Chicago is a show for folks who like their social commentary and media criticism to come with lots of singing and dancing. Set in freewheeling 1920s Chicago, Chicago uses the tale of two gin-joint murderesses to poke fun at the justice system, the press and the very nature of celebrity.
Between its initial 1975 run and its 1996 revival, Chicago stands as one of the most successful shows in Broadway history. You may recall the film version from 2002, as well. It garnered an award or two at the time.
There are murders and slick lawyers; there are tough-talking Irish-American cops. There is more black fishnet in the costume design by Do Ault than you can shake a fish at.
The show is packed. Songs and dance numbers are pretty much back to back, utilizing an onstage jazz band to evoke a sultry Prohibition-era Chicago. Not a lot of time is wasted on, well, talking—which just might be for the best. Though the cast excels at moving, singing and, um, stage presence, the acting in the show is frequently the weak suit. Erin Royal Carlson as Velma Kelly is particularly flat in her dialogue scenes, in stark contrast to her energetic and athletic musical numbers.
Overall, however, Dark Horse’s Chicago is lively and entertaining, with exactly the right degree of cynicism hanging in the air—enough so that it’s dark, but not so much that it’s not funny.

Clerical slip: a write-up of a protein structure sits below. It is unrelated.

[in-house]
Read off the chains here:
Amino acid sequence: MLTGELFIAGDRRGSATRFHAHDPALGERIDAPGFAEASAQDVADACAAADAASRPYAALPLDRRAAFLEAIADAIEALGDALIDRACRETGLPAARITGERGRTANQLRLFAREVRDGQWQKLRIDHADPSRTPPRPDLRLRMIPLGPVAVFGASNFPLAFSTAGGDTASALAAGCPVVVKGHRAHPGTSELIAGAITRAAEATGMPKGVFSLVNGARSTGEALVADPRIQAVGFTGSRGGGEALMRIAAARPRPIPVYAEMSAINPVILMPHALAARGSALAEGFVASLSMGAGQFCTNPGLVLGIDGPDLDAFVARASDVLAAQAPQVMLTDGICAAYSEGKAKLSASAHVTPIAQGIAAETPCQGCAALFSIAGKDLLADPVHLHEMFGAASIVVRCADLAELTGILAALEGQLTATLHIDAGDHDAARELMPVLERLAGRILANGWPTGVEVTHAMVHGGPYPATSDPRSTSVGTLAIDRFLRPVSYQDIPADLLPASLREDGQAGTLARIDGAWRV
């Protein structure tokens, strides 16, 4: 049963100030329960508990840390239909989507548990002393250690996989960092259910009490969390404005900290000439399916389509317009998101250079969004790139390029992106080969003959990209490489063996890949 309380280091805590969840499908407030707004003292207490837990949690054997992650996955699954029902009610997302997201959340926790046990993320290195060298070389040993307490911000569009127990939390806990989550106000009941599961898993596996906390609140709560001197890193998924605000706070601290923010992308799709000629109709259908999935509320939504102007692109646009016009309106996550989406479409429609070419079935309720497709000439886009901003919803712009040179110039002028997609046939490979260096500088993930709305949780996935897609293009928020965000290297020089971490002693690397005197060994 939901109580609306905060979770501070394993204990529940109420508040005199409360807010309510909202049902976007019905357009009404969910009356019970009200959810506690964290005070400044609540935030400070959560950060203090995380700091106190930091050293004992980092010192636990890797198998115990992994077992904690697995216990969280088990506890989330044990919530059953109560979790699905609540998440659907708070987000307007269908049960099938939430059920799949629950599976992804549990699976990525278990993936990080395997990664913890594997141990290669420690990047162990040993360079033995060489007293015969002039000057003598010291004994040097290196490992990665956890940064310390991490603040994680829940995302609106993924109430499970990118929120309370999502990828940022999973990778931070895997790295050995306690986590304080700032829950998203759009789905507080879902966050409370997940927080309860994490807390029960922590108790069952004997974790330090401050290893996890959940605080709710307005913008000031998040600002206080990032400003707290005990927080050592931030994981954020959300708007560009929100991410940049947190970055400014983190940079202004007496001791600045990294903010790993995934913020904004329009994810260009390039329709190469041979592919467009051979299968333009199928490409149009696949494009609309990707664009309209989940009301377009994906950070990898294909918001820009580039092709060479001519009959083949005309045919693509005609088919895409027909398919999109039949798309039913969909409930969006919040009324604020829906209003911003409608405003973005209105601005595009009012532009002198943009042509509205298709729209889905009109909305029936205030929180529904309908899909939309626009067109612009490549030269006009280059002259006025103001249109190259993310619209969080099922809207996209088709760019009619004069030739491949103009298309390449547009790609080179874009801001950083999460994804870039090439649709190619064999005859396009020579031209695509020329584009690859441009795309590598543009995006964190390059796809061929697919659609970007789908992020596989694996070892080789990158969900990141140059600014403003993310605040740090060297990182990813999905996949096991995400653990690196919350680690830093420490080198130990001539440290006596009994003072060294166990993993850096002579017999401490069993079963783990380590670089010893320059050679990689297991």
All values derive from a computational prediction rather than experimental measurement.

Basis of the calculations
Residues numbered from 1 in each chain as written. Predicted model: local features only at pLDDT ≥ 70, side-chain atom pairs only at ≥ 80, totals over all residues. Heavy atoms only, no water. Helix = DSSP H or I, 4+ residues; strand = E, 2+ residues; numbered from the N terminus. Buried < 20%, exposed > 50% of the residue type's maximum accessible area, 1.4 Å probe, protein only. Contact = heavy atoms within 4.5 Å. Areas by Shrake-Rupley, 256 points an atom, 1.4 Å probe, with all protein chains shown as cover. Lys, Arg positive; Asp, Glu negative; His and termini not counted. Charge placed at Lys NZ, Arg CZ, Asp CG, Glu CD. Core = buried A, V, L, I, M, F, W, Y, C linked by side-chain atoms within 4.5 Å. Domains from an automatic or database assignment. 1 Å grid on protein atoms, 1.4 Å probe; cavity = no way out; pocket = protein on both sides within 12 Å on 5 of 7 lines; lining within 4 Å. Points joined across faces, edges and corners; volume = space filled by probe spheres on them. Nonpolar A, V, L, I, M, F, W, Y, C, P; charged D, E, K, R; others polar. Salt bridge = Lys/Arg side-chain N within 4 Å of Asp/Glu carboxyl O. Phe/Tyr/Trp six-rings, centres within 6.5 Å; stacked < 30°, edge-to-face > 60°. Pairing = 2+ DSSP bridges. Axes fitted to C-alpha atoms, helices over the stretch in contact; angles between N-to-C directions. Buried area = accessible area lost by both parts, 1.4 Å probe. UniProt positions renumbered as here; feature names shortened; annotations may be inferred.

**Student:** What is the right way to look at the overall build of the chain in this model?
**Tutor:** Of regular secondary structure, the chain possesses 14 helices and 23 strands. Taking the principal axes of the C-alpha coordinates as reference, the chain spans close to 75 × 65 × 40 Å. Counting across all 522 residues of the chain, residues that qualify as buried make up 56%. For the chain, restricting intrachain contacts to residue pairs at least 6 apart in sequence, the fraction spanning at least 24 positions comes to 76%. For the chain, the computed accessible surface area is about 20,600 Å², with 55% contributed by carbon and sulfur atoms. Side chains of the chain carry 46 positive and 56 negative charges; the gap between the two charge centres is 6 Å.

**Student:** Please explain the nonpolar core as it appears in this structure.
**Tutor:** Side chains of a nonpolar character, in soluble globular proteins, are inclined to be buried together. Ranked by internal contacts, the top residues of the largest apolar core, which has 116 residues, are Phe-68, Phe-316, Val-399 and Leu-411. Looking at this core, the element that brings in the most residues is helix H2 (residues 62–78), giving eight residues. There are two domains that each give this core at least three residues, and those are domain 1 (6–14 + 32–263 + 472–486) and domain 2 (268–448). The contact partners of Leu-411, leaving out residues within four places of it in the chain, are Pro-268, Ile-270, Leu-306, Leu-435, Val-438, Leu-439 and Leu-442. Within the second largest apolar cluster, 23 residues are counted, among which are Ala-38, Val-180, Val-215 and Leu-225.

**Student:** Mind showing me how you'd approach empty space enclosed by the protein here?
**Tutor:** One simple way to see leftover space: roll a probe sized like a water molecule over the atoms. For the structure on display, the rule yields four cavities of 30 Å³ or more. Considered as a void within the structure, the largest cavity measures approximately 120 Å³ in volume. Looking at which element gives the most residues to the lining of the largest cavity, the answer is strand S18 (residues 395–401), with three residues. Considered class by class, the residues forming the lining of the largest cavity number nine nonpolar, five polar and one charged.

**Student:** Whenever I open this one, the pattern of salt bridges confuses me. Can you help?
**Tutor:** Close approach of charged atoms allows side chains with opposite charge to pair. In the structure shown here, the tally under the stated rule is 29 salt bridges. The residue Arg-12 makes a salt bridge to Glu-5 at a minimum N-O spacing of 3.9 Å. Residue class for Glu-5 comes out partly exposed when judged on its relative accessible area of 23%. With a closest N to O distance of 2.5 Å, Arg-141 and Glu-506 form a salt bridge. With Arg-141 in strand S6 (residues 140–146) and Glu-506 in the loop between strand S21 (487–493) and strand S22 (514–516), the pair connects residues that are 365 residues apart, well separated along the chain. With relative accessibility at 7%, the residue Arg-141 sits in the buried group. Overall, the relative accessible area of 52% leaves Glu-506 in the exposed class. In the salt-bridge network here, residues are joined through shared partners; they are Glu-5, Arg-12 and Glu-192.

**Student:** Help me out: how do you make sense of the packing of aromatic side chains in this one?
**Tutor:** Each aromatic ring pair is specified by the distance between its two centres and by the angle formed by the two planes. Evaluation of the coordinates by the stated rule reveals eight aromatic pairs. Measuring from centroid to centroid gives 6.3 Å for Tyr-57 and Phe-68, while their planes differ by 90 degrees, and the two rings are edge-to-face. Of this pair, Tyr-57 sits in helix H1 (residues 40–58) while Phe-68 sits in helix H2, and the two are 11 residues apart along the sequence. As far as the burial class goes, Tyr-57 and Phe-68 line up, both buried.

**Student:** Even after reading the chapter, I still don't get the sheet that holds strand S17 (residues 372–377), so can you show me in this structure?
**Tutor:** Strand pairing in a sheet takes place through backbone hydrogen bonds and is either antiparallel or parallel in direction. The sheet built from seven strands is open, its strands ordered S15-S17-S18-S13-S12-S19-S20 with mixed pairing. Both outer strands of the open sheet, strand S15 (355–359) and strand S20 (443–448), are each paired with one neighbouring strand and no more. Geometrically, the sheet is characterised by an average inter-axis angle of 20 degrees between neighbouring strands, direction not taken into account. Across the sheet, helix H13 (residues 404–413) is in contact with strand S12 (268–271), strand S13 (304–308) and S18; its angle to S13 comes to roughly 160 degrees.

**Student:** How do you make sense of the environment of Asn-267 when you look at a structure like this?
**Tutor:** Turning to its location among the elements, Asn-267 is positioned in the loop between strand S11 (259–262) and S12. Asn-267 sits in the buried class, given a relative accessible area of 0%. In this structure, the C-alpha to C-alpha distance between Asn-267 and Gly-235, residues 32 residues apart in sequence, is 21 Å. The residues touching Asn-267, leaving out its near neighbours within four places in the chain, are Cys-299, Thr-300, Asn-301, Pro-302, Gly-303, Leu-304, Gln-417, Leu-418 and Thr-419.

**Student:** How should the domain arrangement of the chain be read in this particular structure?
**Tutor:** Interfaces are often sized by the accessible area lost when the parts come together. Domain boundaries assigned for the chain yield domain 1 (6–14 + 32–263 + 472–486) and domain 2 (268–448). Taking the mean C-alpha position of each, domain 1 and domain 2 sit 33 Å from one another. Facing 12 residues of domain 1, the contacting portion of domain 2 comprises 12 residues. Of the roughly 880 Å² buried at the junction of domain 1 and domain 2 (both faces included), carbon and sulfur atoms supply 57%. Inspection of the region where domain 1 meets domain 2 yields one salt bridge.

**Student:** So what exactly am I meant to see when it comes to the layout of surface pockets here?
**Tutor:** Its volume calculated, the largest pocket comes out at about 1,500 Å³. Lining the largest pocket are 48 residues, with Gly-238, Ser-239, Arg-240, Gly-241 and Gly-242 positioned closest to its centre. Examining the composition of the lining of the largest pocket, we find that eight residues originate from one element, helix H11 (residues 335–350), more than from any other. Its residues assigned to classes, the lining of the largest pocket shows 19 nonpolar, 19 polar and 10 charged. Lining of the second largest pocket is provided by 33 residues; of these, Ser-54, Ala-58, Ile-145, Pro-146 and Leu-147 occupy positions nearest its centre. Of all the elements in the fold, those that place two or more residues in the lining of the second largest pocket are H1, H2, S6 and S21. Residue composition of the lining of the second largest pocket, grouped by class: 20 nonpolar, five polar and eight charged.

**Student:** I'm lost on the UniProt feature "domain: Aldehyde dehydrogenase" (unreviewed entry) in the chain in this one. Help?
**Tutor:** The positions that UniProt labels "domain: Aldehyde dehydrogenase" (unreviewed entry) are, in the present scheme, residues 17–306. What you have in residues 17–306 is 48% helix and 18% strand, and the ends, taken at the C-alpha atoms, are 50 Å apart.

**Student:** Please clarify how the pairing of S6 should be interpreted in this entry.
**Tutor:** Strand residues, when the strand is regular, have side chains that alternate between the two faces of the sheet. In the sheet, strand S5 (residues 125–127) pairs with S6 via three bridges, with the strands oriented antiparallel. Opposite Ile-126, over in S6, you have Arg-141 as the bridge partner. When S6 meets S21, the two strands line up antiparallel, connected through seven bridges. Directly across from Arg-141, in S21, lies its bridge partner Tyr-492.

Two numbers stand above the rest. In “We Both Reached for the Gun,” Billy (Kim Blackett) takes Roxie (Ginger Bess) as his ventriloquist’s dummy to manipulate the local press with stellar theatrical execution. In “Mr. Cellophane,” Andrew Nadon is pitch-perfect as he finally gets his moment in the spotlight—sort of—as quintessential sad sack Amos.
The show is presented in a cabaret atmosphere with adult beverages available in the lobby for consumption in the theater. Al Capone isn’t getting his cut on that action, though—it’s all on the level.
Egyptian Theatre Company
328 Main, Park City
Through July 29